Thursday, May 23, 2013
Snow Weight OK for Roofs Built to Fairbanks Code
An approved roof is required to hold 50 pounds per square foot in Fairbanks.
FAIRBANKS - The sight of 18 inches of fresh snow perched on local rooftops likely caused jitters for some homeowners on Monday, but there's no reason for most people to break out the shovels just yet.
The load needed to collapse a code-built roof would still require much more snow, local building officials said. An approved roof is required to hold 50 pounds per square foot in Fairbanks.
"I don't think we're anywhere near that," said Kirk Larson, a city structural building inspector.
Rich Seifert, a longtime building specialist with the Cooperative Extension Service, agrees. A heavy snow year in 1992 motivated Fairbanks to boost its roof code from 40 pounds per square foot, but he estimates even older buildings are "about halfway to the worry level."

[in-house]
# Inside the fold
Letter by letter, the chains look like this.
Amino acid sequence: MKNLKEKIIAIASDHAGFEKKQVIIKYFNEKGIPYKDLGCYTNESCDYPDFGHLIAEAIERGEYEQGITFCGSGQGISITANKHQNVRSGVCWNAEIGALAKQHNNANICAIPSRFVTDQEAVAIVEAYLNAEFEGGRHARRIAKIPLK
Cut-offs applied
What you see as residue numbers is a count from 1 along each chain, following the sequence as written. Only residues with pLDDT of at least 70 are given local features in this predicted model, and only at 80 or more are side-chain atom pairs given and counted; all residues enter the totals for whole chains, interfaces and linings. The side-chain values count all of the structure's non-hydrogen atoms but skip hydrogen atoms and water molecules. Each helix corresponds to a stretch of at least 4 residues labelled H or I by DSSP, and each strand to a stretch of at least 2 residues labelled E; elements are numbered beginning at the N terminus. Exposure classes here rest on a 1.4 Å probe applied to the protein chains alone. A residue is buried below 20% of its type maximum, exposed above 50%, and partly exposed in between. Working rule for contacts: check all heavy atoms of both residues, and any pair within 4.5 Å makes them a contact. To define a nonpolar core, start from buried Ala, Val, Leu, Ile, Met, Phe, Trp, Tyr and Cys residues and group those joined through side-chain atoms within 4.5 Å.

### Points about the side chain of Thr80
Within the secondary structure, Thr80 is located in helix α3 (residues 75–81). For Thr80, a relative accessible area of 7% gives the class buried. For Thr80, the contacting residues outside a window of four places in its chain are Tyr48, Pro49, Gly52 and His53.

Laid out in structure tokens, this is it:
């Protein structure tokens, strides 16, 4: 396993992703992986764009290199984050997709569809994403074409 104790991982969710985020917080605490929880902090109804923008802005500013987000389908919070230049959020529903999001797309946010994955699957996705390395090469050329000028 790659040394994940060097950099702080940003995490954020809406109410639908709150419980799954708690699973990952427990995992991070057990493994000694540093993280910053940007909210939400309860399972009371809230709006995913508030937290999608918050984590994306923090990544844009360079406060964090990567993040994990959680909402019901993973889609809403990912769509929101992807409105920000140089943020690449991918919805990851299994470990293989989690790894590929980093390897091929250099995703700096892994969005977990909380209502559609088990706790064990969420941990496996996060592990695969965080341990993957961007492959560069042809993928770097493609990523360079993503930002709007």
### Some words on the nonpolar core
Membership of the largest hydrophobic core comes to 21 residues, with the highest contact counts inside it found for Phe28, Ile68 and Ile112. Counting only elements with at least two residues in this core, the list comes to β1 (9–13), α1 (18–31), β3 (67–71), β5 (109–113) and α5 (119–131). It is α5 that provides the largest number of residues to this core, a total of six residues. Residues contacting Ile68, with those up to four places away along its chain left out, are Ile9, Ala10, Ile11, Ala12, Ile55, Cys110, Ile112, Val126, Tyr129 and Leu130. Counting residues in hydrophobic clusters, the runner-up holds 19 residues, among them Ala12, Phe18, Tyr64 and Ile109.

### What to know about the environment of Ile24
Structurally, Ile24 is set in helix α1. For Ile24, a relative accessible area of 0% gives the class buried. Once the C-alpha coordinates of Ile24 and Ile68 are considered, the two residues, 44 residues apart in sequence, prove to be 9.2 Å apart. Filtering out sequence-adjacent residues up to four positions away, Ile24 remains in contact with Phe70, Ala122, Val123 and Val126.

Larson said Tuesday he didn't do any snow-weight calculations after Monday's storm because the most recent snowfall doesn't seem to put the total snowpack close to the danger point. Six years ago, an 18-inch snow load in Fairbanks was measured at nearly 17 pounds per square foot - about a third of the current code-mandated roof capacity.
Larson said the weight will vary, depending on the density of snow. But even factoring in a rainy three-day stretch in November that added weight to the existing snowpack, he isn't worried.
"The average well-built house shouldn't have any problems," he said.
Larson warned, however, that the words "well-built" are an important part of the formula. Plenty of buildings around Fairbanks aren't built to code, and he said people who own less-sturdy structures should be careful to maintain a manageable snow load.
"Each person needs to pay attention to what they have," he said.
Contact staff writer Jeff Richardson at 459-7518.